I seem to remember a particular ancient Greek myth that used to explain how animal sacrifices to the Olympian gods were performed. In particular, when poultry or mammals was sacrificed, the humans would keep the meat of the animal to them, and burn the less tasty parts (skins, fats, and entrails) for the gods to smell. I cannot find this myth now.

What myths describe the general procedure of sacrifices to the Olympian gods, as in, what goods should be sacrificed and how, and give the mythical origin explaining these habits?


1 Answer 1


The myth you're looking for is first outlined in Hesiod's Theogony.

Theogony 535-558:

[535] For when the gods and mortal men had a dispute at Mecone, even then Prometheus was forward to cut up a great ox and set portions before them, trying to deceive the mind of Zeus. Before the rest he set flesh and inner parts thick with fat upon the hide, covering them with an ox paunch; [540] but for Zeus he put the white bones dressed up with cunning art and covered with shining fat. Then the father of men and of gods said to him: “Son of Iapetus, most glorious of all lords, good sir, how unfairly you have divided the portions!” [545] So said Zeus whose wisdom is everlasting, rebuking him. But wily Prometheus answered him, smiling softly and not forgetting his cunning trick: “Zeus, most glorious and greatest of the eternal gods, take which ever of these portions your heart within you bids.” [550] So he said, thinking trickery. But Zeus, whose wisdom is everlasting, saw and failed not to perceive the trick, and in his heart he thought mischief against mortal men which also was to be fulfilled. With both hands he took up the white fat and was angry at heart, and wrath came to his spirit [555] when he saw the white ox-bones craftily tricked out: and because of this the tribes of men upon earth burn white bones to the deathless gods upon fragrant altars.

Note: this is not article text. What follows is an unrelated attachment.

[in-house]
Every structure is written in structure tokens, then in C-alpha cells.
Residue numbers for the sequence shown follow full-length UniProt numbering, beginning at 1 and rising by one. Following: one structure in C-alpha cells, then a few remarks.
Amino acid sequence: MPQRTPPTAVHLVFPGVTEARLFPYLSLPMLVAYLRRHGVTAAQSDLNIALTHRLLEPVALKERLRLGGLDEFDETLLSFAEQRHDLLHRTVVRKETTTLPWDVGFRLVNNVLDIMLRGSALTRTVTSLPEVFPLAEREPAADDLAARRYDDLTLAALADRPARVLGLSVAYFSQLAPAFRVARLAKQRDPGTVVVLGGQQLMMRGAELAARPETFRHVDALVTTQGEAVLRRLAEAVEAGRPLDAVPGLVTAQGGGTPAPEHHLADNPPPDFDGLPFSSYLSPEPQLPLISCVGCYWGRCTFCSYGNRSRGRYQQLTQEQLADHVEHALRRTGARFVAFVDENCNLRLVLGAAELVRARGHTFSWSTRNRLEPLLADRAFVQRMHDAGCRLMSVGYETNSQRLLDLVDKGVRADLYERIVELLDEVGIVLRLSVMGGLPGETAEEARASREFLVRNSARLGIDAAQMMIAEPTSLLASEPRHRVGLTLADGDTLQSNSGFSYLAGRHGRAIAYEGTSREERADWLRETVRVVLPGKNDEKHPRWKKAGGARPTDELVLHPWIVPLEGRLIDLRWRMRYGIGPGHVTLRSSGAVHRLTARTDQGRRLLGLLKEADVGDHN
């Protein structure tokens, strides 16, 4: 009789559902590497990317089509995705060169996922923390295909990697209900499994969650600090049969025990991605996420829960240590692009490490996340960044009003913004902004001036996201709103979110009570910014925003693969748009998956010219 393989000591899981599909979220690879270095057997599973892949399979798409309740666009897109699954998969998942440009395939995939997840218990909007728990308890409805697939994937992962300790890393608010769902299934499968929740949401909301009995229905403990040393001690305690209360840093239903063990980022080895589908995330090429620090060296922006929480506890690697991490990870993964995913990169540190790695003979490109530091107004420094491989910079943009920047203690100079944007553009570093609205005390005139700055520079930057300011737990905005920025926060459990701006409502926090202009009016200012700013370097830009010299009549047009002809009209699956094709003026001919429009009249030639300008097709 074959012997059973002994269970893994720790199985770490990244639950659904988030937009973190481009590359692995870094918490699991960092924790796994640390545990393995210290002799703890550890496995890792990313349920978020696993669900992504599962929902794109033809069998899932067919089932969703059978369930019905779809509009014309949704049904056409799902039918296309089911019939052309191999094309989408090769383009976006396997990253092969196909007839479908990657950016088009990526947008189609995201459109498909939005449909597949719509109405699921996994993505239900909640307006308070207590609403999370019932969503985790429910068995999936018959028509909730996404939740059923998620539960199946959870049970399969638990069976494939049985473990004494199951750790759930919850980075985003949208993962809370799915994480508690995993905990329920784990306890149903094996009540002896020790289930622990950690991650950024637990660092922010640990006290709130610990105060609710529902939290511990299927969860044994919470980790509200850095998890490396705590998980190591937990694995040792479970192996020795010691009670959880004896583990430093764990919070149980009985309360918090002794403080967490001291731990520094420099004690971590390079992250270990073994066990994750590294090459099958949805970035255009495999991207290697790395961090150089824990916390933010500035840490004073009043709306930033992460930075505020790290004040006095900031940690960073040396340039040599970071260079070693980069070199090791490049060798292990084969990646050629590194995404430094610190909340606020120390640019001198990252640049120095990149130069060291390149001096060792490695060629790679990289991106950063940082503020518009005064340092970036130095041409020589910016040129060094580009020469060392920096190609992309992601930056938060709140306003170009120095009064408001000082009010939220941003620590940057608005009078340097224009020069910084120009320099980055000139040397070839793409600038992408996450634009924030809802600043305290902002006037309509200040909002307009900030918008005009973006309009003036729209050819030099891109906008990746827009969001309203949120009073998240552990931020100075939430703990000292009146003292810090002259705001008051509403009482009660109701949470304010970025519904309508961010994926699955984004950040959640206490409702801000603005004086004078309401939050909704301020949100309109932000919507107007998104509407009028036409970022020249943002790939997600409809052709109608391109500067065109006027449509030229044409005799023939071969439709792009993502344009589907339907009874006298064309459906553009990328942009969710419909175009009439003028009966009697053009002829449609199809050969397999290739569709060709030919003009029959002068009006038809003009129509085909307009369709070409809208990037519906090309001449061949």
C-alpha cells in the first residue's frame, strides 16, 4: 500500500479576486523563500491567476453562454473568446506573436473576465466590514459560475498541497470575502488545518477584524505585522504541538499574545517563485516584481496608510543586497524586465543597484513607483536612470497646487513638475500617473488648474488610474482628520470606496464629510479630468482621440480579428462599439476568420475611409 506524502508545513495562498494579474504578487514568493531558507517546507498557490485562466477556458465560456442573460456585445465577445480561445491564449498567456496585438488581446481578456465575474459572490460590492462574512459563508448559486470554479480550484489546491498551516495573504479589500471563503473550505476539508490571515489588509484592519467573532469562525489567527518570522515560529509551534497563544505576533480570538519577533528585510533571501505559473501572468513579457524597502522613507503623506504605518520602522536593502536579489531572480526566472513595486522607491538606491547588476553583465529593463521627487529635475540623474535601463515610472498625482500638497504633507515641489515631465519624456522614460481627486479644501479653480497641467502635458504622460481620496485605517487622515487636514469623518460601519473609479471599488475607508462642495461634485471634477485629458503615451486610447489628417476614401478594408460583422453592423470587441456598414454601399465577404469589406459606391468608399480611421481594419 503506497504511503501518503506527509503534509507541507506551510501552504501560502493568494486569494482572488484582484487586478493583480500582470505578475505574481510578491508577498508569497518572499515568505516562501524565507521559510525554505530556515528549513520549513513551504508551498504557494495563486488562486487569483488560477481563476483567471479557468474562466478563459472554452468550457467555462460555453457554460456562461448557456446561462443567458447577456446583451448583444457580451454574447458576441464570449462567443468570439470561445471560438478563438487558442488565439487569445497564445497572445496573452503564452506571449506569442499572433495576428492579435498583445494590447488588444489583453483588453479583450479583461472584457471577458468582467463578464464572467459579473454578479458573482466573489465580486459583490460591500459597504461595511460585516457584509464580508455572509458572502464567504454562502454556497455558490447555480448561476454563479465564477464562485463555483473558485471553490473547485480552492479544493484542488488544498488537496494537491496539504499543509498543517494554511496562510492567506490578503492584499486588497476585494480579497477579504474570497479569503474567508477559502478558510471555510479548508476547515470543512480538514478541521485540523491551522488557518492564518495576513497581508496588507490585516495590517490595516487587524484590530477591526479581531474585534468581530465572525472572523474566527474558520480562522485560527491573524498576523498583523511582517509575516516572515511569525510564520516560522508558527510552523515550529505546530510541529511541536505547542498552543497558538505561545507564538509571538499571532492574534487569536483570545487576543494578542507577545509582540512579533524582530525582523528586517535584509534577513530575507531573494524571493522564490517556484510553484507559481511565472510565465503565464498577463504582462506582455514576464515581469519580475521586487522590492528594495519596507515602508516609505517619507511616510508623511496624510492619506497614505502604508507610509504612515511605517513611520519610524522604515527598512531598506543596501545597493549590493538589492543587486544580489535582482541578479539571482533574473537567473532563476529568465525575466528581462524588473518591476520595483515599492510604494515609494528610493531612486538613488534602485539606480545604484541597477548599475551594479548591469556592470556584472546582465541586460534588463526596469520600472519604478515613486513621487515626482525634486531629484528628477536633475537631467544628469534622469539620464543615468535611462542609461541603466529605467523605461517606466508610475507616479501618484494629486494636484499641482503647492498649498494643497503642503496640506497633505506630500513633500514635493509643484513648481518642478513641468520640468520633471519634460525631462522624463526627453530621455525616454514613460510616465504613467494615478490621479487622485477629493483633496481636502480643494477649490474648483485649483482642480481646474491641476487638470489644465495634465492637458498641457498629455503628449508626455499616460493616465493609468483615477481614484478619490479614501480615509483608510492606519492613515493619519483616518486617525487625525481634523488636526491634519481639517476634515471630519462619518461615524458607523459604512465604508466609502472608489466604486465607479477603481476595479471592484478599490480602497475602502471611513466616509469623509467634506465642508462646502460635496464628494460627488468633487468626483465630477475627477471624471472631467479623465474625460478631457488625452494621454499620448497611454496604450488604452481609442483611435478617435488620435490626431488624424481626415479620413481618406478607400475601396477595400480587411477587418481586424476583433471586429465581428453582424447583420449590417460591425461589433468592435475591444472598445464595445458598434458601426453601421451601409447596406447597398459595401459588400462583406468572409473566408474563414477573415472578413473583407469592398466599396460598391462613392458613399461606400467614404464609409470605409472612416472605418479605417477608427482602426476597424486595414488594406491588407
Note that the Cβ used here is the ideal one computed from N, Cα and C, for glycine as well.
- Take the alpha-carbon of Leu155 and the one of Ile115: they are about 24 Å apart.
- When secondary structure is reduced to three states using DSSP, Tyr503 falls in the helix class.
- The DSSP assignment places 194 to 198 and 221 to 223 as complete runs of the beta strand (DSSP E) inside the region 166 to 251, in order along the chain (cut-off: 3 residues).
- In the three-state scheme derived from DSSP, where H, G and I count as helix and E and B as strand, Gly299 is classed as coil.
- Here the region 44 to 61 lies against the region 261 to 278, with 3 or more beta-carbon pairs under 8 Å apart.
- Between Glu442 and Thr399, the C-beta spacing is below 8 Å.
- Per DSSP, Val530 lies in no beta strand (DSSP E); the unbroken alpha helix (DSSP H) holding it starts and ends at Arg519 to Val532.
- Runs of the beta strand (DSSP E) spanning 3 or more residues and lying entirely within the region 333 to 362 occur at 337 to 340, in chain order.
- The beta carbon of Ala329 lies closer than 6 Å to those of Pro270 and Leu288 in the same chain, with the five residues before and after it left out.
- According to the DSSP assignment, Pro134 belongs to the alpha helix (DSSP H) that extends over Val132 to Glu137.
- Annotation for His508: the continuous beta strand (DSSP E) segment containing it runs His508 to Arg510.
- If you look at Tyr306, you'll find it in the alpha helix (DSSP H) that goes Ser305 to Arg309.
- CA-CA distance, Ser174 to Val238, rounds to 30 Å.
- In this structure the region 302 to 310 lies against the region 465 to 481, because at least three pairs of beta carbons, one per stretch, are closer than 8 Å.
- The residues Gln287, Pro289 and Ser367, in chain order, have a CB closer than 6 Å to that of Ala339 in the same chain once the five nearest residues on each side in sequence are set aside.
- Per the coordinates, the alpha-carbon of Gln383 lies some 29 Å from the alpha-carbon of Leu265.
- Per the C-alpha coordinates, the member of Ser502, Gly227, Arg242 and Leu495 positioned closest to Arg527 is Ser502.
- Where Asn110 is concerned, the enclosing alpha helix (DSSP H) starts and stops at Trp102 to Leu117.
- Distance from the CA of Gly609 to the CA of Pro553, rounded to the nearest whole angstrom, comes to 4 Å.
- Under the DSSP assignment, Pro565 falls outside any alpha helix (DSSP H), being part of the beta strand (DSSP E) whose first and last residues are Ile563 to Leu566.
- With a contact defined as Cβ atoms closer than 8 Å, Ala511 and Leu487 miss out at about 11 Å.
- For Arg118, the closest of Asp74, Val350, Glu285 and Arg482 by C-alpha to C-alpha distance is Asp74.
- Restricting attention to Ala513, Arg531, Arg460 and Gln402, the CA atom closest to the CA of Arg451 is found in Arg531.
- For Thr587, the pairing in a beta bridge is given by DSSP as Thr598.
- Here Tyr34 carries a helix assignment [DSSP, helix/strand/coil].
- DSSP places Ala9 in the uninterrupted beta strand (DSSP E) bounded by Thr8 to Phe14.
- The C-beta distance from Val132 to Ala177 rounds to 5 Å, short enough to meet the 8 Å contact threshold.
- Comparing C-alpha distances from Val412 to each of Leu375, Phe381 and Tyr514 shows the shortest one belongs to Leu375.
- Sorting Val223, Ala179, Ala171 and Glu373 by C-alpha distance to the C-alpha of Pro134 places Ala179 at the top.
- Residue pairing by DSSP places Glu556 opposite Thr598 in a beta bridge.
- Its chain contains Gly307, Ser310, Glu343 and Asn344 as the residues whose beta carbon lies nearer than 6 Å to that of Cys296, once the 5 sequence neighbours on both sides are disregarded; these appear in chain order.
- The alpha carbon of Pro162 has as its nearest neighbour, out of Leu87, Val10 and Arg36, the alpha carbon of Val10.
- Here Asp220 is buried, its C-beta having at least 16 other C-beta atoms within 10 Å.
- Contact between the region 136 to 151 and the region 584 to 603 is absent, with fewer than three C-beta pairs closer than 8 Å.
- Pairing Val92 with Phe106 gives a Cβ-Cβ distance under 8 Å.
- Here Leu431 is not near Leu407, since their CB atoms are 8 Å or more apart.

Translated by Hugh G. Evelyn-White


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